The children go into a guessing frenzy as they try to estimate the number of flowers a bee visits in one nectar-gathering trip. It is around 100 flowers per trip, explains Jocelyn who then enquires about why the honey bee is so important to the environment, our ecology and for the survival of the human race.
When the bees go about gathering nectar and pollen for the hive, they are also spreading pollen from plant to plant in a process called pollination, she explains.
To describe the process, she brings out a large model of a flower and demonstrates how when a bee lands on the petals of a flower to collect nectar and pollen, some pollen from the stamen – the male reproductive organ of the flower – sticks to the hairs of its body.
All flowers have male and female parts, and bees have special pollen baskets on the sides of their legs, she says. When the bee visits the next flower, some of this pollen rubs off onto the female part of the flower, the pistil. This makes fertilisation possible, without which, new plants or flowers would not grow, she explains.
Although this transfer of pollen can be done by other insects, wind, birds, bats and mammals, bees are the perfect pollinators and an estimated one-third of every bite of food we take is dependent on pollination by bees.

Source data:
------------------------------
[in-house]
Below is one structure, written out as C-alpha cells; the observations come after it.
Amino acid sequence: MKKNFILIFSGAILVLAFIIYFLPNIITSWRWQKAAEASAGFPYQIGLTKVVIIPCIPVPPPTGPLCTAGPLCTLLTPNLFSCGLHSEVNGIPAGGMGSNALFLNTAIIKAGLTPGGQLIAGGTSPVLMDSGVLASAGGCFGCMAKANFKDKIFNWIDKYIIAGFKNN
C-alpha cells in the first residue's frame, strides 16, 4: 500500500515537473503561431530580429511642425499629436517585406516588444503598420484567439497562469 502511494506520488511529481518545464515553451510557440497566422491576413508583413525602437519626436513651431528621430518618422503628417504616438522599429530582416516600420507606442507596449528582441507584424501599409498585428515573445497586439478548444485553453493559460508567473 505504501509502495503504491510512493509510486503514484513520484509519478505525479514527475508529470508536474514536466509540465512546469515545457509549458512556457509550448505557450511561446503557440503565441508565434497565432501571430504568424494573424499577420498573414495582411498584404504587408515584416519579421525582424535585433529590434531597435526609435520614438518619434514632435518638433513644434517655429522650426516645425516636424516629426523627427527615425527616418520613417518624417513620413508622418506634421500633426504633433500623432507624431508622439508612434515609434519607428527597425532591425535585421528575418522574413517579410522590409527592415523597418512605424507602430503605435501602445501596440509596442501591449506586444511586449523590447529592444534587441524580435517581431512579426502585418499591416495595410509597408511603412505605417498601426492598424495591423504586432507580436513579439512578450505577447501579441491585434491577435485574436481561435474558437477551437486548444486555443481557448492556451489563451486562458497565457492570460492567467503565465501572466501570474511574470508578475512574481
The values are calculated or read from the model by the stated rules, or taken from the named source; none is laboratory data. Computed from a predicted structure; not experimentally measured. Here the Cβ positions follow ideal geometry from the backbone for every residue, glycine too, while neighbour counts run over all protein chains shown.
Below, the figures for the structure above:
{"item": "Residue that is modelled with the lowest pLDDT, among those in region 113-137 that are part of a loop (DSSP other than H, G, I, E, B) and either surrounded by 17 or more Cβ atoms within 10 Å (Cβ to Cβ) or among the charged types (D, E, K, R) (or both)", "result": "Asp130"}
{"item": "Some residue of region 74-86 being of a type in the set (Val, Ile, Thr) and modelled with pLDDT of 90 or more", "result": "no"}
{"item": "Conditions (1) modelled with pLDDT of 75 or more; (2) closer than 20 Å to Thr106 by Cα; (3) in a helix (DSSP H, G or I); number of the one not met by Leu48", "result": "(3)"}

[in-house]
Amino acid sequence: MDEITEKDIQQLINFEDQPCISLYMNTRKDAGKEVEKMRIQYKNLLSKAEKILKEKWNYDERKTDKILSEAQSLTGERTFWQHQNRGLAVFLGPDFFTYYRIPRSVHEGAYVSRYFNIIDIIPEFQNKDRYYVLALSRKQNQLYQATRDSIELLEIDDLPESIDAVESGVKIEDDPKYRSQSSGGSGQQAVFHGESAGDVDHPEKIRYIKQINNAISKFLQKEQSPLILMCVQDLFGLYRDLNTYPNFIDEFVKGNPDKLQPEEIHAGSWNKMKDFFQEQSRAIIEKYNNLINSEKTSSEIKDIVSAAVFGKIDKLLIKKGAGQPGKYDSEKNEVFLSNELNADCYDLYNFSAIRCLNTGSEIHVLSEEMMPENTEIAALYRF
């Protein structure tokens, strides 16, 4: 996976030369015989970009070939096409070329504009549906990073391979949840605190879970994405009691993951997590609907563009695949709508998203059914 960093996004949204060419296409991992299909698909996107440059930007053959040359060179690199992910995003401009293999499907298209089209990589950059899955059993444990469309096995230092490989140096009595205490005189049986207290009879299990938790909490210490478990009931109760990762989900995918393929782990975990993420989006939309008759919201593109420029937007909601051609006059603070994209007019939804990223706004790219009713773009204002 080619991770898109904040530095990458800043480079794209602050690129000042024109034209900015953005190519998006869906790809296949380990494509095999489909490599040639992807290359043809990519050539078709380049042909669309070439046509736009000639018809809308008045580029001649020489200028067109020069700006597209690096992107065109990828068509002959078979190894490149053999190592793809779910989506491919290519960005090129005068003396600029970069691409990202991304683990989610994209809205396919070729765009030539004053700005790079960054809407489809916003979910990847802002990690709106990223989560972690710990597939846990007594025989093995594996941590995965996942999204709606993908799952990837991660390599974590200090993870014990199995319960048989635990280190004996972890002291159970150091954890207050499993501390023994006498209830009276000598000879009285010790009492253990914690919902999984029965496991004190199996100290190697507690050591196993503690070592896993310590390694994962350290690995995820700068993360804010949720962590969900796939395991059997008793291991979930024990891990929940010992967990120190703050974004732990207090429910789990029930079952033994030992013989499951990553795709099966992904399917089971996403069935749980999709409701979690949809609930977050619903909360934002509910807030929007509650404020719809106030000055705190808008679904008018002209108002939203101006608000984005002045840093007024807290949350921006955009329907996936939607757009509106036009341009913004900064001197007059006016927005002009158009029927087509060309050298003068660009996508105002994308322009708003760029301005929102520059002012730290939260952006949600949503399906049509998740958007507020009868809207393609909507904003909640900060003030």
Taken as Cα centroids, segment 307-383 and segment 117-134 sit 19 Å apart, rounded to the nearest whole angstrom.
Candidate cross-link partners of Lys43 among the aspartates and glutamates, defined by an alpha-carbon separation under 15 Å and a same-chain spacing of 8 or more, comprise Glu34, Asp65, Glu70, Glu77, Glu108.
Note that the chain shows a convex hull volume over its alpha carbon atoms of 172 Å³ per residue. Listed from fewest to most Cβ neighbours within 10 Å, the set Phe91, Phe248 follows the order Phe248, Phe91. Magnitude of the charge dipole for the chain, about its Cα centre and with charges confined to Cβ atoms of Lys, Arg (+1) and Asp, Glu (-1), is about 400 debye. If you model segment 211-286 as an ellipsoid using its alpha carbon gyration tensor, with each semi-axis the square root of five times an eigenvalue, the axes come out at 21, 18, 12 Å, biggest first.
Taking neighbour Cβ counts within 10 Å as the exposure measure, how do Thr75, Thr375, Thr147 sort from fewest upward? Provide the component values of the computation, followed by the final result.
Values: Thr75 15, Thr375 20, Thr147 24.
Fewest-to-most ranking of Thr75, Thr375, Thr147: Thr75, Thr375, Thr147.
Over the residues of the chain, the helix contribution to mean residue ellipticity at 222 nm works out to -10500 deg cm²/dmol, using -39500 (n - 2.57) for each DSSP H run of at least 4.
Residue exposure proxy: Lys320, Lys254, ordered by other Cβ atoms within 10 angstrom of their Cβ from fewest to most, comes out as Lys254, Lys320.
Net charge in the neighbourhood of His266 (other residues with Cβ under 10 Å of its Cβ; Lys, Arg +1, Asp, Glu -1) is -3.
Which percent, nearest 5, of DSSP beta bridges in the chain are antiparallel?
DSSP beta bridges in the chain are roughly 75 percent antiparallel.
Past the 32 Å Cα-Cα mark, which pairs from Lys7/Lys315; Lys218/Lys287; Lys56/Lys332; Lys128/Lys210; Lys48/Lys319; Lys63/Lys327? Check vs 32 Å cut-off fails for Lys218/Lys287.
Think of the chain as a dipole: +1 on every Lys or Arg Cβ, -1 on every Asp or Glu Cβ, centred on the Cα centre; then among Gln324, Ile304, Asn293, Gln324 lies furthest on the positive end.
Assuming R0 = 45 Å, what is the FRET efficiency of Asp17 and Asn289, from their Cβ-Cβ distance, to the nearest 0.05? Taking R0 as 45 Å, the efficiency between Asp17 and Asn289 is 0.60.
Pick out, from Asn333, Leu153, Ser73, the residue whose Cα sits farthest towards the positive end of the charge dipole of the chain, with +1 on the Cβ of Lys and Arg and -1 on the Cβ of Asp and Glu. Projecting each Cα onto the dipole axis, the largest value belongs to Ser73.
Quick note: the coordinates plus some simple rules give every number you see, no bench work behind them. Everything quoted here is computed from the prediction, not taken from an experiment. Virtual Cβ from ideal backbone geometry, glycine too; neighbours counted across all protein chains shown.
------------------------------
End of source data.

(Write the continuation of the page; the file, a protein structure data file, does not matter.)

Engaging the entire class in another activity, Jocelyn and her team of volunteers distribute colourful laminated pictures of common fruits and vegetables – from luscious strawberries, blueberries and raspberries to crisp, fresh tomatoes, green beans and cucumbers. ‘Which of these foods are fully or partially pollinated by bees?’ she asks the children, instructing them to pile up in two separate sections the foods they think are pollinated by bees and the ones that are not.
Berk is certain that his chart containing the image of a coffee bean cannot be pollinated by bees simply because ‘bees wouldn’t be attracted to something like coffee’. Joining this pile are the hairy kiwis, bulbous onions and spicy chillies while mangoes, watermelon, apples, pears, pineapple and carrots make it to the pile likely to be pollinated by bees.
Jocelyn takes the chart featuring an orange and asks: Who likes orange juice? As the children shout out, "me, me," she tosses aside the chart saying, ‘no bees, no orange juice,’ or ‘no bees, bye bye strawberry jam.’ Loud screams of "noooooo" rend the air each time she sets aside a favourite fruit or vegetable. And the children soon learn that all the foods on the charts reach our plates thanks to the work of the bees and other important pollinators.